Article: Sensitivity to Singles’ Needs Grows

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April 2012

LOUISVILLE, KY. — When he looks out over his small congregation on Sunday mornings, Steven Schafer sees a picture of modern American family life.

About half of the congregants come from what was once typical – families headed by married couples.

The rest include “a lot of single parents, a lot of divorced parents, a lot of grandparents raising their kids,” said Schafer, pastor of Ridgewood Baptist Church. “The traditional family is not the norm.”

That presents a major challenge to churches, which are struggling to respond to the revolution in how Americans structure their families, households and romances.

Nearly half of American adults today are unmarried – whether never-married, currently divorced, separated or widowed, according to the U.S. Census Bureau.

Married couples account for just under half of all American households – down from 71 percent in 1970, according to the U.S. Census.

Yet still today, married people are more likely than singles to be church attendees. And churches often seem focused on the nuclear family, whether it’s in the sermon topics or the posters on the walls or the graded Sunday Schools.

The Rev. Kevin Cosby, pastor of St. Stephen Church, said his congregation is trying to create a culture in which “you’re not abnormal if you’re single.”

“One is a whole number,” he said. “You’re not a fraction.”

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Never Married 38 Year Old Christian Guy Wants to Know Why Churches Treat Him Like a Freak

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I totally related to this guy’s question. A guy calling himself “John” wrote in to the Christian television show “The 700 Club” and asked the hosts a question about why, as a 38- year- old, never- married man, so many churches have rejected him (or left him feeling rejected).

I’m just a few years older than John is, though I am a woman. I have never been married, but I wanted to be. I don’t know why I’m not married.

I have to disagree with host Pat Robertson’s reply – Robertson tells the guy, John, that the rejection is all in his head and that churches do not “reject” older singles. WRONG!

The letter writer, John, may not be “rejected” per se by churches, but most churches, and many Christians, do treat single or never- married Christians over the age of 35 and 40 differently – and that in a negative fashion.

We older, never married (single) Christians are either ignored by churches, or most Christians and churches assume that everyone over 25 years old is married with kids, or, they assume if you’re 40, you have been divorced at some stage – (wrong again, I’ve never been married).

Some Christians (the married ones) let loose with the gossip and slander against the older singles…. they assume if you’re over 35 and never married, you are some how “flawed,” a weirdo, or homosexual (none of that is true, either).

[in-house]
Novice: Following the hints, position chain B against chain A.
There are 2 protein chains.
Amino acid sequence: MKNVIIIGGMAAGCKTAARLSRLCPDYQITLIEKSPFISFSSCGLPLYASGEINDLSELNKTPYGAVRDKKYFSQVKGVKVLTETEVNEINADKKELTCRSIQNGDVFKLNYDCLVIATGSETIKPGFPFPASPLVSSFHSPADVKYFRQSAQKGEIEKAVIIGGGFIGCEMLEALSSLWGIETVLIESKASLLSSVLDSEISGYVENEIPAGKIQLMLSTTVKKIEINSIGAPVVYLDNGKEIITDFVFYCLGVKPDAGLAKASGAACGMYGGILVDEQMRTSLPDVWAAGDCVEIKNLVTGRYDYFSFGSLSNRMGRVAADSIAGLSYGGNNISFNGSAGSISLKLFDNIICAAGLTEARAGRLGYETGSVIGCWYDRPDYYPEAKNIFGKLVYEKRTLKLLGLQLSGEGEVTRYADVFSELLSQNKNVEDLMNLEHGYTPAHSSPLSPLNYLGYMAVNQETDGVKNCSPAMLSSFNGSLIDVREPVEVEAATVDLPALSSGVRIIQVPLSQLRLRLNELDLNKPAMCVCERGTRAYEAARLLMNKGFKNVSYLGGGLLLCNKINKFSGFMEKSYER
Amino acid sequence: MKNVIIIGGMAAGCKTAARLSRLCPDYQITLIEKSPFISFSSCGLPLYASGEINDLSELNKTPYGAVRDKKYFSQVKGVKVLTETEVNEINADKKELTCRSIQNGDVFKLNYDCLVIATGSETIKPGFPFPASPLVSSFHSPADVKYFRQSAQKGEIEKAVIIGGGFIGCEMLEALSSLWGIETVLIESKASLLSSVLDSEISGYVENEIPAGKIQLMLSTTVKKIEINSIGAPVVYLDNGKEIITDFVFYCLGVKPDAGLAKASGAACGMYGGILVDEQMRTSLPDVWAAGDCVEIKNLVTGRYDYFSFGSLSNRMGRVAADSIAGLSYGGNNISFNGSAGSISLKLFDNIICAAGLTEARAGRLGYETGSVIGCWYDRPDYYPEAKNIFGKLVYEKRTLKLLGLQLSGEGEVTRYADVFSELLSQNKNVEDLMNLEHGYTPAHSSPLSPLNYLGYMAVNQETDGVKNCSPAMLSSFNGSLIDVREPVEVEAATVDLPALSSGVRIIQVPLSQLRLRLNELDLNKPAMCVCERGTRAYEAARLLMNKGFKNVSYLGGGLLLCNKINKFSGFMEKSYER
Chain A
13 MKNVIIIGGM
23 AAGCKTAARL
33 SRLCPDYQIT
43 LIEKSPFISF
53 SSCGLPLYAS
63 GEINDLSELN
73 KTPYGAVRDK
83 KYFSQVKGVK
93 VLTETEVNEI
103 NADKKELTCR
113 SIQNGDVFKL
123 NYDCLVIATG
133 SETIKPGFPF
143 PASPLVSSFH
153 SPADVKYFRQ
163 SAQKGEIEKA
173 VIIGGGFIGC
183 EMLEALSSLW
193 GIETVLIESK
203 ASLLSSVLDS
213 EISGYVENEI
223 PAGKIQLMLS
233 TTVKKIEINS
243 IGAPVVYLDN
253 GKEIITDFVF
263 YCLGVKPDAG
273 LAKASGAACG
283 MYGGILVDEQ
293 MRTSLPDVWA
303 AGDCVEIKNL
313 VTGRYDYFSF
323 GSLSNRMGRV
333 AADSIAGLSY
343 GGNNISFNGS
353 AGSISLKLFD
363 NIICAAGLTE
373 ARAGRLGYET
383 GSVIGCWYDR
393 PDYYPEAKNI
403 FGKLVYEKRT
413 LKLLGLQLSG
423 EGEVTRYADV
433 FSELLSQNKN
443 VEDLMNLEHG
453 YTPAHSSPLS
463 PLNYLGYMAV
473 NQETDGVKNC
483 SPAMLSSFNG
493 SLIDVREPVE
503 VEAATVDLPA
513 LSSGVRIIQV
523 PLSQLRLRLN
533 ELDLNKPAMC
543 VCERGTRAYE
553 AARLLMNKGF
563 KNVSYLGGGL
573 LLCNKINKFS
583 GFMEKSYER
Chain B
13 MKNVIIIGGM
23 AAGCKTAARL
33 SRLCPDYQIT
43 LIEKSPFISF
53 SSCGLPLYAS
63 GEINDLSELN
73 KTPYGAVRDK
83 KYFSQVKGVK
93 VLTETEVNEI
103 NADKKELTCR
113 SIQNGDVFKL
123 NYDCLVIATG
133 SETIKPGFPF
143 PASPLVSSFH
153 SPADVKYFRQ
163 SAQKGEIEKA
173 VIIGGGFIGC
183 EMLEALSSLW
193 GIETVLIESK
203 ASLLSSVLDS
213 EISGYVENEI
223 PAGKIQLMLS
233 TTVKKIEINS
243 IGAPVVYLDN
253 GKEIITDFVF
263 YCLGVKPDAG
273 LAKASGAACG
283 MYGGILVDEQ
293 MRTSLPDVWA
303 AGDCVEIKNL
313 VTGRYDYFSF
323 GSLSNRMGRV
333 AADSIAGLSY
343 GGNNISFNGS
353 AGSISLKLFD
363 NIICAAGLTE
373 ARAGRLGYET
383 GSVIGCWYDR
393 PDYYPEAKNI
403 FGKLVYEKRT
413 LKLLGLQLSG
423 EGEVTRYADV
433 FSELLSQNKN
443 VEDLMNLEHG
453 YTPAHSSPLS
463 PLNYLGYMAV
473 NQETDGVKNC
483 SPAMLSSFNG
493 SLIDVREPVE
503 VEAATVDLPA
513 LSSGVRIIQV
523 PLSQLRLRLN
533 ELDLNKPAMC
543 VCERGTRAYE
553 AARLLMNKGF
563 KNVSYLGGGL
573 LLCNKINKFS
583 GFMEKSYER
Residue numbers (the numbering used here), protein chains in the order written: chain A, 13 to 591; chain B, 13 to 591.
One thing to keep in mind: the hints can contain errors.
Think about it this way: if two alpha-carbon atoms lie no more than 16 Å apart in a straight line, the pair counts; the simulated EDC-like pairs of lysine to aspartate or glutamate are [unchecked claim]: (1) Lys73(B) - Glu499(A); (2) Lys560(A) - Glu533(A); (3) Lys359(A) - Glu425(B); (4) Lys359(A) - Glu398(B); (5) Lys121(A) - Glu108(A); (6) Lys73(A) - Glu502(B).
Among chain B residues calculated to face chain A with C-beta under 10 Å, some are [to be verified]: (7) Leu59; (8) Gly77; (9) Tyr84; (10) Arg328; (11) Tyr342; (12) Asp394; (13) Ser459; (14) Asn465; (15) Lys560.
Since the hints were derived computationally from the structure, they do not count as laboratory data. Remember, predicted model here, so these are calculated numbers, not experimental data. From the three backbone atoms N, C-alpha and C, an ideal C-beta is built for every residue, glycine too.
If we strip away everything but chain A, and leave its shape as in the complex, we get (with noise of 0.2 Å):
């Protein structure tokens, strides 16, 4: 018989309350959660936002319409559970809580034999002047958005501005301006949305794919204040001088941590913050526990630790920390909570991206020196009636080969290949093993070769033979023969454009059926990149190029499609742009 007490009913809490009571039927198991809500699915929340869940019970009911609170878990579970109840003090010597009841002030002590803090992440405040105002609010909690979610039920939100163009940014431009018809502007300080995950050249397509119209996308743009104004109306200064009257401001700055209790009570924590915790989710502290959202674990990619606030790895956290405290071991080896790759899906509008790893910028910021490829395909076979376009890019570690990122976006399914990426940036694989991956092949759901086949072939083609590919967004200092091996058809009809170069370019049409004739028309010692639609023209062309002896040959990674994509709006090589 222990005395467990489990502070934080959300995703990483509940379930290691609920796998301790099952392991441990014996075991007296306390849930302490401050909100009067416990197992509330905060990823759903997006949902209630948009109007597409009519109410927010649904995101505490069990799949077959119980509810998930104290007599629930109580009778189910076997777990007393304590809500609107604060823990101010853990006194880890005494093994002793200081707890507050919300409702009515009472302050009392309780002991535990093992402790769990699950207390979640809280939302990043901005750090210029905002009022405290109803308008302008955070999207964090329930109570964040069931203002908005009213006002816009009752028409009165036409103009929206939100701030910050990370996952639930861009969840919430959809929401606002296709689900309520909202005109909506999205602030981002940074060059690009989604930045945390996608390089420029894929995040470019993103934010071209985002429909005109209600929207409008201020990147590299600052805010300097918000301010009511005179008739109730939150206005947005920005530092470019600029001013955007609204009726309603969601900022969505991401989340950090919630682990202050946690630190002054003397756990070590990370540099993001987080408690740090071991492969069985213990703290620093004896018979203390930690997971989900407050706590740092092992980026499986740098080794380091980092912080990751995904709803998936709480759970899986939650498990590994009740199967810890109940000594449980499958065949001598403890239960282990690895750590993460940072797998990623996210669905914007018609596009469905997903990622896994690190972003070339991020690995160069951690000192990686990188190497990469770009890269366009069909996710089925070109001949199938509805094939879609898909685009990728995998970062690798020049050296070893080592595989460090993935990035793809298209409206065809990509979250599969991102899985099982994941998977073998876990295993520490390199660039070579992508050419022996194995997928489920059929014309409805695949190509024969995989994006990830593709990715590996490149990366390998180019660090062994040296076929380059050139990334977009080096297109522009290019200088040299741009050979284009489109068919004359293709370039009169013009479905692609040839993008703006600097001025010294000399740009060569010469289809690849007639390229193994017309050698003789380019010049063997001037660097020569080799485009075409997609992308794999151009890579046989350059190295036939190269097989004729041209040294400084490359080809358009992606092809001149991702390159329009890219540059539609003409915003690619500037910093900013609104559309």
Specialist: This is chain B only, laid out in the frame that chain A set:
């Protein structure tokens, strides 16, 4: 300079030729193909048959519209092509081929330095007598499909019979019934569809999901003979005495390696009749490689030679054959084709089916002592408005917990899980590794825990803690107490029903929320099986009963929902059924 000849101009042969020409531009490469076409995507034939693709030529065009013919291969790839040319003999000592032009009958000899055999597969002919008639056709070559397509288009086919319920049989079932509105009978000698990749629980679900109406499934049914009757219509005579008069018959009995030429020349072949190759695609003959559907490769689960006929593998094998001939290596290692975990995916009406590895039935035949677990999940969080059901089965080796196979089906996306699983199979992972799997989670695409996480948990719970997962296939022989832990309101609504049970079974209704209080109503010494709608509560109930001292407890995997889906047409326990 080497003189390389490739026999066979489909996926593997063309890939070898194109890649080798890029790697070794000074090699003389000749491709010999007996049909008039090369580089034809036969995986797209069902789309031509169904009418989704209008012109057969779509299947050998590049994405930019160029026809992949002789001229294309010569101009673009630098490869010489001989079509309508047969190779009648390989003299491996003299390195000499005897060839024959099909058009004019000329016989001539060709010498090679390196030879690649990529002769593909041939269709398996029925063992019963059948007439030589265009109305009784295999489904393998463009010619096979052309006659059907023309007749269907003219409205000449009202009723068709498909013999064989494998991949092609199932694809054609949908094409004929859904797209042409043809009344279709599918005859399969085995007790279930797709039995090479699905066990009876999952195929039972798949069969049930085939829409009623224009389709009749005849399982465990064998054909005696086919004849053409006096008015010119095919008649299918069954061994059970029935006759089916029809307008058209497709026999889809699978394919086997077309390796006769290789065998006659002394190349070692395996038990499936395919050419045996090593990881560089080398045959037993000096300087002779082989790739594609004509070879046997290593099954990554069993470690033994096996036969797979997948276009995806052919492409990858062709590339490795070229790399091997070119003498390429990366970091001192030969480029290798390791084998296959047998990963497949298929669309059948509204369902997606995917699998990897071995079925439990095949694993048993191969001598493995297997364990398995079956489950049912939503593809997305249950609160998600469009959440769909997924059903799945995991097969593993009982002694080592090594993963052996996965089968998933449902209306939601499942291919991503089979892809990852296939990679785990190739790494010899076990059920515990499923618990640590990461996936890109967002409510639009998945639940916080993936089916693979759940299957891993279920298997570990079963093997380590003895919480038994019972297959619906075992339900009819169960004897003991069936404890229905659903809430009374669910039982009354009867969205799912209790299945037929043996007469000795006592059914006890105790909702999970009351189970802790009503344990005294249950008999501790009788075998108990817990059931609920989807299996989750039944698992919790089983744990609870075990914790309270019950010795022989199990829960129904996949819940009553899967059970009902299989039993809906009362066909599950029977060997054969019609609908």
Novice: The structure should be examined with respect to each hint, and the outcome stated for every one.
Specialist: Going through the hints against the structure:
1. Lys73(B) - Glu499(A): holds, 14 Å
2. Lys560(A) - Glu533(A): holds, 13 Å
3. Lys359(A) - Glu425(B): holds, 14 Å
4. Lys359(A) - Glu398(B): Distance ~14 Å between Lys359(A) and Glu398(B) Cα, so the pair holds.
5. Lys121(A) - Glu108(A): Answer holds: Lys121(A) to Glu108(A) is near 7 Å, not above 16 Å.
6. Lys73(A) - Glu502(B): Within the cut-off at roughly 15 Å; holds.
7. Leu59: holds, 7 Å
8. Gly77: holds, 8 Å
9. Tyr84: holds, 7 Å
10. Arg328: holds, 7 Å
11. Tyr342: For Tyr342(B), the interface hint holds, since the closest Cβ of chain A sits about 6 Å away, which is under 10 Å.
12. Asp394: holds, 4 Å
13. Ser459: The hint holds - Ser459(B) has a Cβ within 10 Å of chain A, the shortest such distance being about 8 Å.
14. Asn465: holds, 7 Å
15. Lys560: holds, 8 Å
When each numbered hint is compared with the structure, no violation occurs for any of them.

Here is a partial transcript from today’s show:
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Article: 30 And Single? It’s Your Own Fault

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I disagree with some of the positions of the “marriage mandate” crowd, including those of Debbie Maken, who wrote a book about the issue.

I intend on posting more content about the ‘marriage mandate’ perspective in the future but thought I’d start with excerpts from a good review of Maken’s book and view.

(Link): 30 and Single? It’s Your Own Fault [ by Camerin Courtney]

There are more unmarried people in our congregations than ever, and some say that’s just sinful.

From Ms. Courtney’s article:

By that October, they were engaged.

Following the path afforded by her ethnicity (she’s Indian), she [Debbie Maken] signed up with an Indian Christian Web agency to find a suitable suitor and, aided by her parents’ watchful care, started e-mailing a man in July 2001.

Now happily married and the mother of two young girls, Maken drew a map—in the form of her book, Getting Serious About Getting Married—to the Land of Marital Bliss. She hopes to prevent her daughters and countless single women across the country from having to experience any more “unnecessary protracted singleness.”

….In later chapters, she addresses the well-meaning advice handed to singles in Christian circles—such as “just wait on the Lord to bring a mate to you” or “Jesus is all you need”—and deftly explains some of the erroneous thinking and theology surrounding each.

At her best, in passages such as these, Maken gives platitude-battered single women needed permission to admit, “I’d like to get married, and that’s okay.”

Unfortunately, these bits of trend-spotting and balanced synthesis are drowning in a sea of shame and blame.

Maken seems to think a vast majority of singles view their solo status as a special gift from God (a stance I’ve seen in only a fraction of the thousands of e-mails I’ve received as a columnist for ChristianSinglesToday.com, a CT sister publication), a notion the very subtitle of the book urges them to reconsider.

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